Definition: Safety culture is a set of ways of doing and thinking that is widely shared by the employees of an organization in the context of managing the most significant risks associated with its activities.
WHAT PROMPTED THE INTEREST IN SAFETY CULTURE
In 1986, two major accidents occurred: the explosion of the space shuttle Challenger just after lift-off, and the nuclear accident at the Chernobyl power plant in Ukraine. In both cases, the analysis revealed that these were organizational (or systemic) accidents: they could not be explained solely by inappropriate behaviors on the part of “sharp-end” workers (front-line staff); rather, they were the result of a gradual accumulation of failures within the organization which had weakened all of the protective barriers, one by one.
The concept of “safety culture” has gained significant ground, both in the academic space and in business and operational applications.
ORGANISATIONAL CULTURE AND SAFETY CULTURE
Large organizations, such as corporations, trade unions, public services, and non-governmental organizations, develop their own culture.
This is called an organizational culture, and it includes:
- Ways of doing that are shared and repeated: organizational structure, rules, and procedures, technical choices, patterns of behaviour… This is the visible part.
- Common ways of thinking: knowledge, beliefs, what is considered implicitly obvious, attitude towards authority, and debates… This is the invisible part; it is more difficult to perceive and the most complex to change.
The safety culture reflects the influence that the organizational culture has on matters relating to risk management.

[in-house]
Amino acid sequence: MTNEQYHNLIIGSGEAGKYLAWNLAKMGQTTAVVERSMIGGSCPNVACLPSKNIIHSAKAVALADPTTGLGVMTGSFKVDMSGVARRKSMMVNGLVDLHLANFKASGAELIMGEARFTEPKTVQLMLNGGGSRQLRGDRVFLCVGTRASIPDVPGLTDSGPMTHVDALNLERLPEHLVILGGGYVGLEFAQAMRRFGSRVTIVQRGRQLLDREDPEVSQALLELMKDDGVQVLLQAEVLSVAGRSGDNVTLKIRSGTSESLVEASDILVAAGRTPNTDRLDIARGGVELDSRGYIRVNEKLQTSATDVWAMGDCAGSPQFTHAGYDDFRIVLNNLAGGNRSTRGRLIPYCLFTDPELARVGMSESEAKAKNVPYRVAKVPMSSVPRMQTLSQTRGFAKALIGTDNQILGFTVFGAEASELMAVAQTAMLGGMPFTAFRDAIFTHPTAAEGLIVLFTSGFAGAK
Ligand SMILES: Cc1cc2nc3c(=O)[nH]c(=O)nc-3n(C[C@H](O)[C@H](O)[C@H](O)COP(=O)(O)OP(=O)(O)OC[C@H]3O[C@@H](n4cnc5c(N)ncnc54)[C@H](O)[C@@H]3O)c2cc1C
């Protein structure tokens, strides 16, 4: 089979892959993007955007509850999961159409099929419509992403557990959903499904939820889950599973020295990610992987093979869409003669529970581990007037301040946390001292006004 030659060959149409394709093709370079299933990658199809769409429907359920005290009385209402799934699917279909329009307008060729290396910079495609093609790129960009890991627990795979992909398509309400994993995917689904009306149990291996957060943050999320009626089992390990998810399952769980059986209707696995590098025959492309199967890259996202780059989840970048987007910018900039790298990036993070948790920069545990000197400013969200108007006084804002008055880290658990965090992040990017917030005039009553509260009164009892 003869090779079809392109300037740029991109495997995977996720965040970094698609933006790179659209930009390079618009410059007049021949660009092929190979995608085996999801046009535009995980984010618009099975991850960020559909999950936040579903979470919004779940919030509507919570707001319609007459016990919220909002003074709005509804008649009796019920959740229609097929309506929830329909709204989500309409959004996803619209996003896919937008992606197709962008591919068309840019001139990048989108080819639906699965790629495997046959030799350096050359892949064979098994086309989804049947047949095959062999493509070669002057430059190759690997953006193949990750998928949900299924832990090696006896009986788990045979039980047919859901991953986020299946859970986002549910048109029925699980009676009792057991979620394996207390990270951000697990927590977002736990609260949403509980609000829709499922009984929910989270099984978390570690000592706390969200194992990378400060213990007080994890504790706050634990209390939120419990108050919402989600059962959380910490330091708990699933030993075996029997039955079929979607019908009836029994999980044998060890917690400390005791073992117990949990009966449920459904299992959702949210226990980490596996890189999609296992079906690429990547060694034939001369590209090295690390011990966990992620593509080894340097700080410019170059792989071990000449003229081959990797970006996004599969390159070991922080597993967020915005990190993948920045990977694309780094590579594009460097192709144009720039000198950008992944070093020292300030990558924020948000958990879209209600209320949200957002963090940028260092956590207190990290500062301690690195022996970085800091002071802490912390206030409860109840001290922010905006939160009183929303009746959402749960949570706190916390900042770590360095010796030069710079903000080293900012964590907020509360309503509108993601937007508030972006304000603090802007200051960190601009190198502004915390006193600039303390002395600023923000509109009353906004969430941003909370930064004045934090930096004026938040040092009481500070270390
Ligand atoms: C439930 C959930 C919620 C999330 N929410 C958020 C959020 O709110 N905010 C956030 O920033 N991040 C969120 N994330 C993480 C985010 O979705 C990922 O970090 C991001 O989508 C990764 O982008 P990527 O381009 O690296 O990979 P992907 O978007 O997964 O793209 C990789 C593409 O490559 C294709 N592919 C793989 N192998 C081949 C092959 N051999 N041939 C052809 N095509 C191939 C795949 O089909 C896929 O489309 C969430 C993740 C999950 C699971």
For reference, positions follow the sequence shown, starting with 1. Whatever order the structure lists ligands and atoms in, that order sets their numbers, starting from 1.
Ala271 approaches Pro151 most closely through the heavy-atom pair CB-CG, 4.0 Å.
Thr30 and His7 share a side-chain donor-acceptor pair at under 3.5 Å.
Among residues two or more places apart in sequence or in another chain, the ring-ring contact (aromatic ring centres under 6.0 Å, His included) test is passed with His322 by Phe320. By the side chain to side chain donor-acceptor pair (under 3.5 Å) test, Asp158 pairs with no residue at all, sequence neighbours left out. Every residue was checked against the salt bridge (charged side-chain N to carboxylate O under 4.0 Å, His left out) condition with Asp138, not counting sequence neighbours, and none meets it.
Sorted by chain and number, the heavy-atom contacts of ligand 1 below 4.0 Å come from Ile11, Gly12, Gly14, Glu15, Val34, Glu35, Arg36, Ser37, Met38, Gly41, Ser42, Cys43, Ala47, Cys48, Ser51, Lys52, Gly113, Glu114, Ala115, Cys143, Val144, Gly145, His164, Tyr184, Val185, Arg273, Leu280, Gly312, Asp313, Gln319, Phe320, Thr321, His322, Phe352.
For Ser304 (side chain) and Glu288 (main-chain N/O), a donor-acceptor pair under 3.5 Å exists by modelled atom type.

Several factors influence the long-term viability of a company: the quality of its products or services, the market and competition, its finances, regulations, its technical choices… and of course safety. But safety should not be placed in a “bubble” separate from the other factors at play: the safest company would be one at a complete standstill!
Deciding on compromises and trade-offs between cost, lead times, quality, and safety is a core part of the job of not only managers and executives but also all other company employees.
MANAGING THE MOST SIGNIFICANT RISKS
Organizations can face several types of risks: minor incidents, serious or fatal occupational accidents, or major events that can result in a large number of victims and affect the facility or even the environment.
The priority, in the safety culture approach, is to manage the most significant risks associated with the organization’s activities.
It is important to note that prevention actions are not the same for these different risk categories (minor accidents, serious or major accidents): organizational failure generally plays a much greater role in serious than minor accidents (see above). In practice, the occurrence of a serious event usually implies that there has been a systemic failure involving a large number of barriers.
SAFETY CULTURE – THE 3 PILLARS
Improving the safety culture requires an integrated approach to safety through coherent actions in three areas:
- Technical aspects;
- Safety management systems and functions; and
- Human and organizational factors.
AND THE CRITICAL PIECE
The approach to safety MUST include a thorough integration of these 3 pillars, particularly that of Human and Organisational factors – because people are what determine the success or failure of both technical aspects and the management systems.
At iCARE, we’ve been evolving safety culture strategies for many years and as a result, understand what’s needed to really align safety culture the way it should be. If you’d like to chat, we’re happy to have a free consultation with you, just message us HERE